England & Wales

Supporting Communities and Neighbourhoods in Planning Project


The Department for Communities and Local Government announced on April 13 2011 an allocation of £3.2 million for the “Supporting Communities and Neighbourhoods in Planning Project”, otherwise known as the Community Planning Project.

The aim is to “give local people a real voice to shape development in their area” and to “ensure communities have the right support and advice to meet their own aspirations”. The announcement by the Planning Minister, Greg Clark MP, included specific allocations to 4 organisations/joint applications. The winning recipients and amounts allocated are:

  • The Royal Town Planning Institute (RTPI): ££1 million.
  • Locality: £814,000
  • The Prince’s Foundation (PF): £800,000.
  • The National Association of Local Councils/Campaign to Protect Rural England (NALC/CPRE): £620,000.

The winning organisations are expected to use existing specialities, skills, expertise and reputation to help the development of empowering groups, acting as representatives of communities, to fully understand the potential of the neighbourhood planning process (resulting in neighbourhood plans) and ensure maximum participation.

It may surprise some that the sector that planning authorities – those with the most experience of the planning process are not involved in offering advice and expertise.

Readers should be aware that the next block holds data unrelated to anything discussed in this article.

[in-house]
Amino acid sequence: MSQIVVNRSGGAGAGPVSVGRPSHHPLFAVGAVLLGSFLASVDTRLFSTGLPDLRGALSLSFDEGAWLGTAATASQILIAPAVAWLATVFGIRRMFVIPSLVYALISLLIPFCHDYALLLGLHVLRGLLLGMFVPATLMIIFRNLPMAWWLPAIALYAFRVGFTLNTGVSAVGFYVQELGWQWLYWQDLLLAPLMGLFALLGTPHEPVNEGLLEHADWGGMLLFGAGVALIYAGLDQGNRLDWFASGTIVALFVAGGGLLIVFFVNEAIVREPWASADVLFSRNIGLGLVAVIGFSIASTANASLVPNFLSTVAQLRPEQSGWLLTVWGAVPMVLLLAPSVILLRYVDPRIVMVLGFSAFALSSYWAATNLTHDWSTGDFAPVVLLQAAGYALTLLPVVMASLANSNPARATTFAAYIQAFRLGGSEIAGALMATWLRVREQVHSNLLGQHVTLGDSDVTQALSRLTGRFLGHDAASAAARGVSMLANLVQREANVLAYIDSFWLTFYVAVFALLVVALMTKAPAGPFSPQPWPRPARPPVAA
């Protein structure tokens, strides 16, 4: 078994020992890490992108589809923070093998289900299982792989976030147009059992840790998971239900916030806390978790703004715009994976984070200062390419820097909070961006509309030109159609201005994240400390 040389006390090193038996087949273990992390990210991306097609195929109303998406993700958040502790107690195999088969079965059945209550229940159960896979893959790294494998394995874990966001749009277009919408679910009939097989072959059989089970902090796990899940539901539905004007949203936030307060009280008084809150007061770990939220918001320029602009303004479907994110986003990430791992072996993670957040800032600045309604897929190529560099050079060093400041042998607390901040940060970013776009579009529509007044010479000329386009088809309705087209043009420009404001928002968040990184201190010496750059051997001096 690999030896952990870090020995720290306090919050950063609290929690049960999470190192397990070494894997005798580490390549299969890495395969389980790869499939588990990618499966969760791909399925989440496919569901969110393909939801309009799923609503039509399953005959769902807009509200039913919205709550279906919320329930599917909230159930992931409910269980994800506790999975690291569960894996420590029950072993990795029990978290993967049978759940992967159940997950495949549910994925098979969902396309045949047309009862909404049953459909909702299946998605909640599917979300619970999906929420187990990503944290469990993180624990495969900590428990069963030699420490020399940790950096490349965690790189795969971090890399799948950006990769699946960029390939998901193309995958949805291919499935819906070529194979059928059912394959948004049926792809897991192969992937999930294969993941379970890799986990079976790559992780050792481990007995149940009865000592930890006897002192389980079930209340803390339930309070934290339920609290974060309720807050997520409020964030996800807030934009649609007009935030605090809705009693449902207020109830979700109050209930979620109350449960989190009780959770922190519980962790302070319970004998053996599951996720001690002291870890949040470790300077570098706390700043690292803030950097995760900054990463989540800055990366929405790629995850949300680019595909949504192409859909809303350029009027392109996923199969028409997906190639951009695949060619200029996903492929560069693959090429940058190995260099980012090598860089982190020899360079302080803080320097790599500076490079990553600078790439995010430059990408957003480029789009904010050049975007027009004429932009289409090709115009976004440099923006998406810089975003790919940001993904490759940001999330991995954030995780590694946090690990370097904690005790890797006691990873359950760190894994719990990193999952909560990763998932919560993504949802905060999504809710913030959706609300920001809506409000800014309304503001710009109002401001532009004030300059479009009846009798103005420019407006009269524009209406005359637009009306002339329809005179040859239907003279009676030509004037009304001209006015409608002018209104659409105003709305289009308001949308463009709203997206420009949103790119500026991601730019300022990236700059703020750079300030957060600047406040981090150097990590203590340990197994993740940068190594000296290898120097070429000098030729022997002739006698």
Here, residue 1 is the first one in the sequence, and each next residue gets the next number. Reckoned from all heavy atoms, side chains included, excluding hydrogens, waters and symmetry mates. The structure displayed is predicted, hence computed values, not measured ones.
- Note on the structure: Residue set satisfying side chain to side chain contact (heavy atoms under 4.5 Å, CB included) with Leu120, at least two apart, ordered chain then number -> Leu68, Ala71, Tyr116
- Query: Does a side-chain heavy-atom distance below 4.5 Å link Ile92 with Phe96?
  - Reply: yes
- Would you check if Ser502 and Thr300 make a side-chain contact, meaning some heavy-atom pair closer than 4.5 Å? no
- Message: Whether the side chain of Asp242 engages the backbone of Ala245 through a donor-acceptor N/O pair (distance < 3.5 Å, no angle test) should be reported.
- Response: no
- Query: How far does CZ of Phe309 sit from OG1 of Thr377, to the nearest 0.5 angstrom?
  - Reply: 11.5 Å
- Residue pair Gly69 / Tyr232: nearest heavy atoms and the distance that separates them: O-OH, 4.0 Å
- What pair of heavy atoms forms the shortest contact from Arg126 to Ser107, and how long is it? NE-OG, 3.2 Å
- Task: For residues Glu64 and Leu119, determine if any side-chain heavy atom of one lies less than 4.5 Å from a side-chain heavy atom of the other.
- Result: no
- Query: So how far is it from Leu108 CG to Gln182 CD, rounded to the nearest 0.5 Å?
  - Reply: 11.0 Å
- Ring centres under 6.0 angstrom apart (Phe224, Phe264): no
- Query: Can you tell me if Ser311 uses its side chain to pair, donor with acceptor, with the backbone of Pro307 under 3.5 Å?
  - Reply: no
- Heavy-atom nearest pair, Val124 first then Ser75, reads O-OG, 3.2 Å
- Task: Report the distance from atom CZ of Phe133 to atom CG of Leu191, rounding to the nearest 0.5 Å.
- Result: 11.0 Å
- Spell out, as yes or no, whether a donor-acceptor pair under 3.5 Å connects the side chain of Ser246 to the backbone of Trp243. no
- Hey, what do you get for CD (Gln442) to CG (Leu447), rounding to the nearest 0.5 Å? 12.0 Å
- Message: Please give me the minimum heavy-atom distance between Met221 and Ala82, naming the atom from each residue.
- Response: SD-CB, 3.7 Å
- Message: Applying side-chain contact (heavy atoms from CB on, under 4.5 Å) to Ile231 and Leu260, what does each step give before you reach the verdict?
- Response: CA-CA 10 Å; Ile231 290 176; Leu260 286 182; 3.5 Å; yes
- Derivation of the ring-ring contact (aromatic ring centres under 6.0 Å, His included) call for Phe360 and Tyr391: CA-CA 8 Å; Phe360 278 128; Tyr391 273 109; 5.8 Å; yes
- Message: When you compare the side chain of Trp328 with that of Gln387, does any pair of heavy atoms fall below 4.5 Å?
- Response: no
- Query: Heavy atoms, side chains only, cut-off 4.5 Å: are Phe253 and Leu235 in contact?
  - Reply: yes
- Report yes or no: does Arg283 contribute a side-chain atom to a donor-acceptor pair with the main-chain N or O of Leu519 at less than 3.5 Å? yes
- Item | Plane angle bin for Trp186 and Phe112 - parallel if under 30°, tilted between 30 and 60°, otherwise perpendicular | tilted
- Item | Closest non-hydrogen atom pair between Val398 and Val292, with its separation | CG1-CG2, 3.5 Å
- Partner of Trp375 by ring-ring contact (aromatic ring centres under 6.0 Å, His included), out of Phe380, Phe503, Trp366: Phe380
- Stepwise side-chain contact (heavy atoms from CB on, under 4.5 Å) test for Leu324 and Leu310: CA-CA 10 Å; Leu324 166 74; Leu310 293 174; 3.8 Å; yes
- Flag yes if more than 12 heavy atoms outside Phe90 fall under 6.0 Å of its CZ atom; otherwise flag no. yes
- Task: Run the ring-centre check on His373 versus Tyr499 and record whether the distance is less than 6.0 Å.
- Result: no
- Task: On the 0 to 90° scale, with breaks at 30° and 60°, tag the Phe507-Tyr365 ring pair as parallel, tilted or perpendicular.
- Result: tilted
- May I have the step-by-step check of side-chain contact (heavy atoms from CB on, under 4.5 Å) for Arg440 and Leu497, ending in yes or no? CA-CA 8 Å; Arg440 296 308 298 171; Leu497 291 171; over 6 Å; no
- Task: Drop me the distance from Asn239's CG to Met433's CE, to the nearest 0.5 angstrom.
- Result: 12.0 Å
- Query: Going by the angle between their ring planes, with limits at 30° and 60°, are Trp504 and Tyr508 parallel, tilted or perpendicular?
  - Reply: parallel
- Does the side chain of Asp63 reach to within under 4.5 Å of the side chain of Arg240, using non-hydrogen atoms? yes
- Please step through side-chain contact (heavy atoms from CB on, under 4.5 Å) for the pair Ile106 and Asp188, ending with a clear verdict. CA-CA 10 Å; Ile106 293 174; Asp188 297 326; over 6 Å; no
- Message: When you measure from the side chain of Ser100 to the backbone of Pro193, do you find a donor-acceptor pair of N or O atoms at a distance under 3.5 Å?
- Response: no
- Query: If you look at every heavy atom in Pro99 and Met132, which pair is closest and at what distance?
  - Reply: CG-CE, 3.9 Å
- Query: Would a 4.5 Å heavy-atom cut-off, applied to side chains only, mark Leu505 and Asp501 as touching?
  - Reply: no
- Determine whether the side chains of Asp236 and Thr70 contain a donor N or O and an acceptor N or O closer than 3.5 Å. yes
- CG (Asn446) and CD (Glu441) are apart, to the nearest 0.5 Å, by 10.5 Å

It could also be suggested that the £3.2 million allocation is being directed towards organisations already with sufficient capacity to make their objections to controversial planning applications known. The government is keen to distinguish between the right of the lucky bid winners to be campaigning groups and their role as providers of advice and training.

Given that the government is keen to free up the planning process to allow larger applications a less bureaucratic process (and by definition a process with less local democratic impute) it might be considered this project is a small concession to concerns over infrastructure planning changes.

Finally, as the monies allocated are initially only for one year and that three months will be lost formulating agreements between the bid winners and DCLG there is a clear sense that some of this has been rushed.

This post is based on a LGiU members briefing written by Michael Green. Briefings are accessible to all officers and elected members of our member authorities. For more information on joining the Local Government Information Unit please follow this link